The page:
Mochi ice cream is a fusion dessert that binds the traditional Japanese dessert—mochi (rice cake)—with the quintessential American dessert—ice cream. Its roots can be traced to Los Angeles’ Little Tokyo, where feisty Japanese pastry chef Frances Hashimoto invented, distributed and later marketed the wrapped ice cream balls to big-name American supermarkets.

Making mochi ice cream is simple. Sweet rice powder is made into dough, cooled and rolled out into round sheets. These round sheets are then carefully molded around balls of ice cream and frozen for later use. Eating mochi ice cream is a dynamic experience. Fine sugar dusting provides traction to the mouth while the gummy layer and biting cold ice cream have textures that mutate as they thaw.

One local restaurant, Jimbo’s, which opened last August, is bringing the artistry of mochi to San Jose’s Japantown. Jimbo’s carries 10-plus flavors of mochi ice cream, all through the distributor “Bubbies,” one of the leading producers, located in Hawaii. The treat can be ordered in increments—three pieces ($4.95), six pieces ($8.95) and 12 pieces ($14.95)—and are served inside on bamboo slims.

All the ones I sampled had that mocha mouth feel, but some were especially distinctive. The chocolate chip coconut was a standout. The chocolate with coconut filling, as in a box of See’s, had tendrils of dried coconut that can seem chalky in the mouth, which made for a nice departure from the norm while still retaining the essence of the classic flavor combination. The chocolate outside was delicate and semisweet; the coconut ice cream was velvety and ripe with specks of coconut meat. Also memorable was the lychee, with a perfect level of burst and linger; and the guava, which provided a gentle translation of the taste of the fruit.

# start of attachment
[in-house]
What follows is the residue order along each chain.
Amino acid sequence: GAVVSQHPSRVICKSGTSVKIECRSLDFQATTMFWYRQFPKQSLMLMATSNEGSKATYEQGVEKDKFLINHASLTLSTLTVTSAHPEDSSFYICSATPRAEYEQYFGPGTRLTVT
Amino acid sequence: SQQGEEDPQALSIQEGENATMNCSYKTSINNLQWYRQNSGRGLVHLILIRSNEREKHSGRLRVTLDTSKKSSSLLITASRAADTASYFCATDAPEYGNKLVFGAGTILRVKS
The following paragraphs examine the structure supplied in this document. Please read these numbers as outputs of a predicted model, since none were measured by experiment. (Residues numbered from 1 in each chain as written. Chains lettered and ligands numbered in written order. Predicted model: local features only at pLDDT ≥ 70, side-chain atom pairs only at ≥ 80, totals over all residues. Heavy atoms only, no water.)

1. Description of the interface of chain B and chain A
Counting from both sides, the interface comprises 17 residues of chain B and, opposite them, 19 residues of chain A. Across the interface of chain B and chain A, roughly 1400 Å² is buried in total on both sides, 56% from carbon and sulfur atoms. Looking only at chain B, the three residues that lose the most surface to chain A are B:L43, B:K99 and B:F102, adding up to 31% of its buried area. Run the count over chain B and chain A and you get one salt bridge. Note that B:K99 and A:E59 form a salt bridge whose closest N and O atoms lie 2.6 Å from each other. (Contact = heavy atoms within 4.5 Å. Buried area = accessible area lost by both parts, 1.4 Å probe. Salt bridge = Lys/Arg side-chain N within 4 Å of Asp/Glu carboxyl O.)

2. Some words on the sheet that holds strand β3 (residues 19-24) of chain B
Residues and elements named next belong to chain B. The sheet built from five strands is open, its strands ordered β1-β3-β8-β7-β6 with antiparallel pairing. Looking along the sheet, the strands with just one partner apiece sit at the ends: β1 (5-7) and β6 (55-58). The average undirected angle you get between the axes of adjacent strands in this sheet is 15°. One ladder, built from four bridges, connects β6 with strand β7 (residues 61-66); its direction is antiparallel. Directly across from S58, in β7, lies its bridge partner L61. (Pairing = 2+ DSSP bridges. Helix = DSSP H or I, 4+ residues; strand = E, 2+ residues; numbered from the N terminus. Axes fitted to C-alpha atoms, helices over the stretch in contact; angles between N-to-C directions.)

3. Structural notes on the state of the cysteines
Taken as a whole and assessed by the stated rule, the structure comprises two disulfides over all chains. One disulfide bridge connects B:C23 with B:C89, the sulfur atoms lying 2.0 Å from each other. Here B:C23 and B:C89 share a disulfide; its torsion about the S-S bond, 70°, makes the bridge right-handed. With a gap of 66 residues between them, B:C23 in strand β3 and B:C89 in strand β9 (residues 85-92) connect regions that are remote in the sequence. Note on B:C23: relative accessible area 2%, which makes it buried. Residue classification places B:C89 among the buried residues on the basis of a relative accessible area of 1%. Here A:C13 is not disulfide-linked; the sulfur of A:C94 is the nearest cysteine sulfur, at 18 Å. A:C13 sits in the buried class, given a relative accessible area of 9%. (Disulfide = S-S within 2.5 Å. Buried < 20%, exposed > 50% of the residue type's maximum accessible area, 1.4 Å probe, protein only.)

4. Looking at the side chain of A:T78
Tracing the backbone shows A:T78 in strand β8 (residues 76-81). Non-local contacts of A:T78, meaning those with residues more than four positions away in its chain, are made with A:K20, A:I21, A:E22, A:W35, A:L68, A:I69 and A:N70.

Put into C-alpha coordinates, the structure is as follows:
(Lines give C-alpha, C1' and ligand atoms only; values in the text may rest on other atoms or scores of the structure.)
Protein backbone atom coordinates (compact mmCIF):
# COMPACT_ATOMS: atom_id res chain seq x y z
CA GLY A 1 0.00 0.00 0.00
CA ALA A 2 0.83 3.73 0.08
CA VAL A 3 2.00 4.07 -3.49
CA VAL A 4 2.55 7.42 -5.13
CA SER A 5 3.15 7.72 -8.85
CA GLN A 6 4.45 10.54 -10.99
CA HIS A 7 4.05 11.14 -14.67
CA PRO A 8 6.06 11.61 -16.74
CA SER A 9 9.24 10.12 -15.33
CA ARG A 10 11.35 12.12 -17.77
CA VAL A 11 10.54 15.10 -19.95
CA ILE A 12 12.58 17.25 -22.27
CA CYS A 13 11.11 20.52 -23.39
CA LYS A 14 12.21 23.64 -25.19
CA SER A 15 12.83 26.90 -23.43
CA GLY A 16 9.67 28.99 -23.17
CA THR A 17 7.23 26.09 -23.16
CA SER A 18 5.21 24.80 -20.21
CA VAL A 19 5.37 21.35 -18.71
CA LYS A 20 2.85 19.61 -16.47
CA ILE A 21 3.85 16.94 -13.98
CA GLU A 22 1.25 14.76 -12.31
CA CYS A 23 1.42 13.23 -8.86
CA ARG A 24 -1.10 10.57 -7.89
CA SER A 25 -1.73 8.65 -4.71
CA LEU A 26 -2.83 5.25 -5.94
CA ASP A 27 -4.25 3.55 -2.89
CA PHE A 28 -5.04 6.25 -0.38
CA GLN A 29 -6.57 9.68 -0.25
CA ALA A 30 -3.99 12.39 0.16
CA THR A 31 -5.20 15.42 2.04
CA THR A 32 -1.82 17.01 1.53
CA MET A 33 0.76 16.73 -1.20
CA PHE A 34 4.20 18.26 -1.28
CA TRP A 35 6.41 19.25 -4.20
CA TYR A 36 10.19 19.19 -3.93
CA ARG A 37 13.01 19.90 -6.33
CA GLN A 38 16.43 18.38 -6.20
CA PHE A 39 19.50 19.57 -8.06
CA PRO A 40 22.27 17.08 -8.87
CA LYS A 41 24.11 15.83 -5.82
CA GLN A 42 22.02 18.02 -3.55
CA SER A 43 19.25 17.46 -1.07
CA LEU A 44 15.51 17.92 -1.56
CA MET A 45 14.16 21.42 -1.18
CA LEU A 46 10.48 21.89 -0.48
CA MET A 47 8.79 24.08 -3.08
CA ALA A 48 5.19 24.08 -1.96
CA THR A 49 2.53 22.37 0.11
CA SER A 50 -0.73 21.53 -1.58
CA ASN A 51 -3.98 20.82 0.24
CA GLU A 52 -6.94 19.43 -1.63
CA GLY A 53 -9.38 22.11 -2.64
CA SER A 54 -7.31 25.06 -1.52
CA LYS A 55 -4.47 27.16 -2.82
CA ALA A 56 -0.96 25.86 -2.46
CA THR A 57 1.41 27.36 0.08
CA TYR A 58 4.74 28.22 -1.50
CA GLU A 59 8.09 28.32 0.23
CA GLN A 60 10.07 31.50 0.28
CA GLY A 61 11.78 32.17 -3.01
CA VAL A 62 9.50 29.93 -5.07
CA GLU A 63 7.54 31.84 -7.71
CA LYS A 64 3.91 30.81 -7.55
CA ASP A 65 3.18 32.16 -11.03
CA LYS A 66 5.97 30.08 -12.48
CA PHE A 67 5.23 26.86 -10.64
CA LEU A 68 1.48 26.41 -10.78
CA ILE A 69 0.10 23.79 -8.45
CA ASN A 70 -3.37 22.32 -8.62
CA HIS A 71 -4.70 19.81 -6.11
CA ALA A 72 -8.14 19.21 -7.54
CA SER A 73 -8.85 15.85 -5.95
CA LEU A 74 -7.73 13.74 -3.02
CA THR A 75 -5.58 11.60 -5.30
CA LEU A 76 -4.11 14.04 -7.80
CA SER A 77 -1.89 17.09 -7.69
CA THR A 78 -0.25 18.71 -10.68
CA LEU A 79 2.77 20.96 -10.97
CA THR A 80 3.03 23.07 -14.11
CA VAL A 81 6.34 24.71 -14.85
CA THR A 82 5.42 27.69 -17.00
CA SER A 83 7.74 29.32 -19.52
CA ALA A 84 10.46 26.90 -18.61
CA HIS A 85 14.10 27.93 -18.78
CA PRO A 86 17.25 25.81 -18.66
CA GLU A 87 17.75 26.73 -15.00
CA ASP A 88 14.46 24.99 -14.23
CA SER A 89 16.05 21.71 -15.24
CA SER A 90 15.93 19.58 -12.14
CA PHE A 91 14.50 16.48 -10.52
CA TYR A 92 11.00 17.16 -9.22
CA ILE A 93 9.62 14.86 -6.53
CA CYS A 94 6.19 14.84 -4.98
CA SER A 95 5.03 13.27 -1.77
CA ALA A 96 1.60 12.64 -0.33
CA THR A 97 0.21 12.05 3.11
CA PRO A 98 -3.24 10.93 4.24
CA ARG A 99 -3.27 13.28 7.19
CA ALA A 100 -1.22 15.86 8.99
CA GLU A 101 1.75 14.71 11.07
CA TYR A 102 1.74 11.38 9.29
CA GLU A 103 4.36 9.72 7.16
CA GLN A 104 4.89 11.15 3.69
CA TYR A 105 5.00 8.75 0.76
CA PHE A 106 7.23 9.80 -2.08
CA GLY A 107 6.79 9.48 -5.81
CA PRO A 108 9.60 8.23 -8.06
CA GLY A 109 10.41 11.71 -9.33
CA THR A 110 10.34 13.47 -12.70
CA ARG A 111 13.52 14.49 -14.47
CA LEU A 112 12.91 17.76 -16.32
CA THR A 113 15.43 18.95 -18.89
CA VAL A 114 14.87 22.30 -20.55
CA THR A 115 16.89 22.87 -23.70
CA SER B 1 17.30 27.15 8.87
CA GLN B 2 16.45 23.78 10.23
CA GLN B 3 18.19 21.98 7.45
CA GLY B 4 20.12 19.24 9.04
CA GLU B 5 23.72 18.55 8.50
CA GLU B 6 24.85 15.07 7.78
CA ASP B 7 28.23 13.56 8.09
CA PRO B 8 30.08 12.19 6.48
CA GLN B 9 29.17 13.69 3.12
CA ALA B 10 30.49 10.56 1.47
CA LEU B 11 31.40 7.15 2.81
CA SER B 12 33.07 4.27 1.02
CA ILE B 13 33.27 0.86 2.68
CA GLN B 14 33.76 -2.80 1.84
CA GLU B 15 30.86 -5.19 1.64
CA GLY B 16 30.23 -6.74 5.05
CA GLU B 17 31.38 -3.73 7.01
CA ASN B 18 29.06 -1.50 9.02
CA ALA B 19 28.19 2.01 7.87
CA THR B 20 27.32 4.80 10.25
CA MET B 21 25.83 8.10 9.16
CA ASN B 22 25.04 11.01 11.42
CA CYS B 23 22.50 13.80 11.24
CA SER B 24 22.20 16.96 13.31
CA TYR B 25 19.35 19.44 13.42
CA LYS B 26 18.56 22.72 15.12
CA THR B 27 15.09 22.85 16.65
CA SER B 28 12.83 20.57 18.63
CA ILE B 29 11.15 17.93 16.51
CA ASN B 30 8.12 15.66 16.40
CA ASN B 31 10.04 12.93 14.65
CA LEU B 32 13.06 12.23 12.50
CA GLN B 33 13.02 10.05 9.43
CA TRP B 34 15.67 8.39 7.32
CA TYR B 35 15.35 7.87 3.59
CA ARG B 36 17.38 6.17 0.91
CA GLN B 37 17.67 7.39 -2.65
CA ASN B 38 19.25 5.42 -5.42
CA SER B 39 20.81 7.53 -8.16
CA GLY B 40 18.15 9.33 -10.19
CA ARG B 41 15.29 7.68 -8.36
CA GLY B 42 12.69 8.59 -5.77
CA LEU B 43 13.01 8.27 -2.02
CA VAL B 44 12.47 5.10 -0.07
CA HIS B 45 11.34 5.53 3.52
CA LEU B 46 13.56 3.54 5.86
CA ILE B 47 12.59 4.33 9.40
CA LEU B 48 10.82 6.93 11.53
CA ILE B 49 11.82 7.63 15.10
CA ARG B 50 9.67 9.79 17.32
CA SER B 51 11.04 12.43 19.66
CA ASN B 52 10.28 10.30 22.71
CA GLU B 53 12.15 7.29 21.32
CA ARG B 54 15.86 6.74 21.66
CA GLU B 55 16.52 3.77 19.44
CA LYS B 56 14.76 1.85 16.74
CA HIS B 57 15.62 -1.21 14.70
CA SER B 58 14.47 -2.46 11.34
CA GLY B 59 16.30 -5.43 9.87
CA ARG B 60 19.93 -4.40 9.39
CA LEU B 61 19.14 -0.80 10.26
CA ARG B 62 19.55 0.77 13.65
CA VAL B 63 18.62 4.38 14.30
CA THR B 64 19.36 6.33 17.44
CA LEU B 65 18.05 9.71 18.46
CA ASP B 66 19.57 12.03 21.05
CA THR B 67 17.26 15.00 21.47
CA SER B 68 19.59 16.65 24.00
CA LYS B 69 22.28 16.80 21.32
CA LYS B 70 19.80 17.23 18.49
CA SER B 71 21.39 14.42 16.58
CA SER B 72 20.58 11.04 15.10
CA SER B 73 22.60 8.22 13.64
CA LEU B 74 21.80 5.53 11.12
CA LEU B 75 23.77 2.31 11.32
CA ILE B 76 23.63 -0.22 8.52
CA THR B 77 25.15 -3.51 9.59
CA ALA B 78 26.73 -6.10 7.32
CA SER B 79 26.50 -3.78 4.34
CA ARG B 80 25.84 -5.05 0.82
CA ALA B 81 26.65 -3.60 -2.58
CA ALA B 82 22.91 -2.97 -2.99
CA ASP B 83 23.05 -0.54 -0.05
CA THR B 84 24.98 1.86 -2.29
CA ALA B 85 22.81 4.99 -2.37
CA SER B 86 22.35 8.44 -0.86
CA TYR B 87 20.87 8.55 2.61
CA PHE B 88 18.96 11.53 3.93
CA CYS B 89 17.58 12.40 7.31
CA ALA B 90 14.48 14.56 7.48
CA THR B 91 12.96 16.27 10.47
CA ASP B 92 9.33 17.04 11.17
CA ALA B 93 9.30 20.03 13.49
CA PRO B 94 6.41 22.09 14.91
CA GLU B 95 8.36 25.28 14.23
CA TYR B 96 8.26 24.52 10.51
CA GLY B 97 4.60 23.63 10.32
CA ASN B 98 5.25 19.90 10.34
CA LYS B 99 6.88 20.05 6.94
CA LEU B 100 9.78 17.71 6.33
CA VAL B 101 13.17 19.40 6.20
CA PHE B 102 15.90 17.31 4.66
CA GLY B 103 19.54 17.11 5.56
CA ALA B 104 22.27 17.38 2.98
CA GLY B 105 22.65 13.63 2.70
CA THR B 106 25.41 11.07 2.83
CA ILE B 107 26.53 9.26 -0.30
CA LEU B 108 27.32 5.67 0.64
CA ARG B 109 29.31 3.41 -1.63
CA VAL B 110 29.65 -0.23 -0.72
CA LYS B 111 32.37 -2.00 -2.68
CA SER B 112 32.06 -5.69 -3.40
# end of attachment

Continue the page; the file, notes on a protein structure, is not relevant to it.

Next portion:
For those who want something cold for dessert but not necessarily mochi, Jimbo’s serves Marianne’s ice cream from Santa Cruz. It’s one of the only places to offer such a wide selection without the drive over the hill. Insider’s tip: Try it with Jimbo’s special “Kurogoma” sesame seed sauce, an Asian rendition of caramel that adds vibrancy to the current sweet-salty trend.

Jimbo’s also offers “made from scratch” comfort food items ($6-$7) and beer, for only 3 bucks or so. I tried the Jimbo dog ($6.95), which is similar to a spam musubi but with a hot dog (or hot link). You can also order a hot dog with chili, fritos or cream cheese. A lot of nostalgic, kid-friendly references there—if mochi and ice cream weren’t already alluring whimsicalities.

170 Jackson St., San Jose; 408.271.9588